An Unprop-ular BetEdson Barboza Wins by TKO/KO (+385)
Up to his last fight with Josh Emmett, the jury was still out on Shane Burgos’ ceiling. Tight, crisp boxing fell away to a willingness to engage in brawls, and as he and his foe threw caution to the wind, they let the chips fall where they may. A thriller with Calvin Kattar did not go his way after he went all-offense to his detriment, and he has tightened up some of those holes. Emmett still was able to draw out a firefight, but the battle was so tremendous that neither man’s stock fell after the dust cleared from a whirlwind of the pages of “Andy Capp” comics. More importantly, it speaks volumes about Burgos’ ability to take damage, and the only concern some might have is that absorbing nearly 100 significant head shots and coming back from two knockdowns will have repercussions for his next fights. Against Barboza, a fighter who does not exclusively headhunt or always follow Thanos’ instructions from “Avengers: Infinity War” to go for the head, Burgos may come up against a wood chipper for three rounds but maintains the fortitude to come out intact.
Two fights into his move to featherweight, it is still tough to tell exactly how far Barboza’s power can translate down to this division. The weight cut depletes the man known as “Junior” to a frightening degree, with the Brazilian emaciated and seemingly trying to emulate Christian Bale’s character from “The Machinist” to get there. Still, he clocked Dan Ige in the first round with a right hand to put “50K” down, and the same right hand dropped Makwan Amirkhani twice in their meeting in October. “Hurricane” will need to mind his Ps and Qs when wading into the fire, but his hands are notably sharper than the two and should keep Barboza from setting up these lethal strikes. Without traversing too far down the MMAth rabbit hole, Burgos was able to achieve what Barboza could not: put Amirkhani away, as Burgos battered the breadbasket with a brutal barrage of bombs to the body. Burgos’ boxing, both offensively and defensively, will be the difference maker in this contest, and Barboza scoring the knockout is not the best way to try to call your shot a la Babe Ruth.
An Accumulation ContemplationBurgos (-140)
Ronaldo Souza (-110)
Gina Mazany (-210)
Total Odds: +383
Following the logic about why Barboza by knockout—his preferred method of victory, historically—is not a good play, this matchup should fare well for Burgos as long as he does not play the ferocious kickboxer’s game. Even though Barboza is considered by some to be on a three-fight win streak—razor-close fights with Ige and Felder aside—this may be the rude awakening where Barboza tries to crack into the top 10 only to find himself on the wrong end of youth and speed. Burgos, a pressure fighter who will come at you to put his hands on your face, has developed a great deal since Calvin Kattar mollywhopped him in Boston in 2018. No longer is Burgos the kind of fighter to throw naked leg kicks and get clipped with easy counters, and his chin can no longer be questioned after Emmett threw everything and the kitchen sink at him last year. After years of time in the Octagon, Barboza’s strengths and weaknesses are out in the open, but the clock is ticking on the Brazilian that has taken a great deal of damage over the years. Burgos, with a good gameplan and pressure for all three rounds, can take Barboza out of his element and box him up to win this fight as a slight favorite.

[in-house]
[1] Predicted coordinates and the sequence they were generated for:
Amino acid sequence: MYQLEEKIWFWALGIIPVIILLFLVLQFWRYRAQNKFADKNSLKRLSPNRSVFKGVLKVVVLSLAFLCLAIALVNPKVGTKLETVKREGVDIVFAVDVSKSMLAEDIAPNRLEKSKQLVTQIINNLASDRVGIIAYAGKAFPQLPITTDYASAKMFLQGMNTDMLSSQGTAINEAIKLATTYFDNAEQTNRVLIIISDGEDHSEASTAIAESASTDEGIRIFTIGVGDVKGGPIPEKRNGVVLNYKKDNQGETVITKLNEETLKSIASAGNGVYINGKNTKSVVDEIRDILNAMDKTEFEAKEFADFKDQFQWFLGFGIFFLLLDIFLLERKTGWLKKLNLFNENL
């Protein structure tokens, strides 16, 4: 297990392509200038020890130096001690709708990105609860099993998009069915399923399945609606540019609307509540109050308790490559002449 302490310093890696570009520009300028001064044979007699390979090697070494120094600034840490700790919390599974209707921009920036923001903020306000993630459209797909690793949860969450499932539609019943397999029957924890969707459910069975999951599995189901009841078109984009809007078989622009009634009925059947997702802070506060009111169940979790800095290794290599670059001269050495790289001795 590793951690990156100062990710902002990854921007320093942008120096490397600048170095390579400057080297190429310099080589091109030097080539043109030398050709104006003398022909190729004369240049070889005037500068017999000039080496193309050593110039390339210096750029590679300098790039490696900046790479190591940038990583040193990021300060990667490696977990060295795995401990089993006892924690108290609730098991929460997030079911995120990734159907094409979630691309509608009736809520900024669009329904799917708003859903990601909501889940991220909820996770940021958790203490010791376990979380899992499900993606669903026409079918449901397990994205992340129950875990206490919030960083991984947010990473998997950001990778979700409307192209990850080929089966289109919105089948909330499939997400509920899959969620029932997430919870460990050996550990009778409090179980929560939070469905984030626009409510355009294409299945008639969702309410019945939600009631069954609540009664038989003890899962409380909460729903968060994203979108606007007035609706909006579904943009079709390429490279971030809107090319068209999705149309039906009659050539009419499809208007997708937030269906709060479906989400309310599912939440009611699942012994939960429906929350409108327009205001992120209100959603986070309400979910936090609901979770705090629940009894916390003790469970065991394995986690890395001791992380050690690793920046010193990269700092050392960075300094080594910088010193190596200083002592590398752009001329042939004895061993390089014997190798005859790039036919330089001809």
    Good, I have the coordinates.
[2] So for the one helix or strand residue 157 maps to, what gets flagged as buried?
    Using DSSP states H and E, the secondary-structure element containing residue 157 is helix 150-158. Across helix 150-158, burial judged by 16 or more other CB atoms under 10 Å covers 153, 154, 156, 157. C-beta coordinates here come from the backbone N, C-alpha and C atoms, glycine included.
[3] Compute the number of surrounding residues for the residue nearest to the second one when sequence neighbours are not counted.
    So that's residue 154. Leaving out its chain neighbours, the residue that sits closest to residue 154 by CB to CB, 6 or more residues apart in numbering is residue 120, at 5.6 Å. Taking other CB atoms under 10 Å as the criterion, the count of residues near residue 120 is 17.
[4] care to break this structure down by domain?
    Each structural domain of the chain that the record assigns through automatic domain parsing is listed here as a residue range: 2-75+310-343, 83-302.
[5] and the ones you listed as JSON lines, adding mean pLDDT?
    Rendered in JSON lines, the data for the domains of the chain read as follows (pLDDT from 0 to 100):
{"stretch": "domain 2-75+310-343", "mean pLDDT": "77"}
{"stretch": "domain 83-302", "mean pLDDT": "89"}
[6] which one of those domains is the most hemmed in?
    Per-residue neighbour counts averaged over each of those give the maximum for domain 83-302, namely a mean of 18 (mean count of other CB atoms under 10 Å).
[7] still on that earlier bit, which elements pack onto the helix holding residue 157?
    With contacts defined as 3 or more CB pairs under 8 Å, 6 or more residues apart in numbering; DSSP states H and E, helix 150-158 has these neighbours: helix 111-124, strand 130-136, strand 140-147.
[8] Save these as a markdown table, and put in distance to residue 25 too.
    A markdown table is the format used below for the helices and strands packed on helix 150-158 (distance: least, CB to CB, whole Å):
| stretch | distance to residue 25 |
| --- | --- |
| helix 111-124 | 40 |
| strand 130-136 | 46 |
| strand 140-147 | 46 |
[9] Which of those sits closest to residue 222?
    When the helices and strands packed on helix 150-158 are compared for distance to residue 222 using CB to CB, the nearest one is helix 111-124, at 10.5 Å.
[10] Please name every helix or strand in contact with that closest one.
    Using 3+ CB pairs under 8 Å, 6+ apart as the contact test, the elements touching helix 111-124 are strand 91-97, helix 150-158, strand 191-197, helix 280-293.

Many are calling “Jacare” a spent force at 185 pounds after eye-opening defeats to Kevin Holland and Jack Hermansson that bookended an ill-advised trip to light heavyweight against future champ Jan Blachowicz. In some ways, Souza is taking on what could be a version of himself ten years younger, with far less punching power but the same desire to drag the fight to the mat and rip a limb off. Unless the bottom has completely fallen out, Souza will have the wherewithal—and more importantly, punching power—to outlast and take out his fellow countryman. This step up in competition is too much, too soon for the budding Andre Muniz, who should find himself outgunned across the board even against a relatively depleted “Jacare.” A pick-em for this fight is too good to pass up, and it will boost the accumulator significantly.
Rounding out this three-fight parlay and structural trip down memory lane is a women’s flyweight clash between Mazany and Priscila Cachoeira, with the latter making the most of a lucky fourth fight after a rough losing streak by cold-cocking Shana Dobson with a hellacious uppercut in early 2020. Since Cachoeira last competed, her opponent Mazany has made major changes to her career after a humbling defeat to Julia Avila by dropping down to flyweight. It is difficult to tell just how meaningful a shellacking from “Danger” over the sub-.500 Rachael Ostovich means in the greater scheme of this division, but this is a very winnable fight for the Xtreme Couture fighter. Mazany, who prefers to use strength and wrestling, will have this advantage over her Brazilian foe, as the latter wants to stand and trade with her. Mazany as a favorite around 2-to-1 is a solid, safe way to close out this accumulator and take home the prize.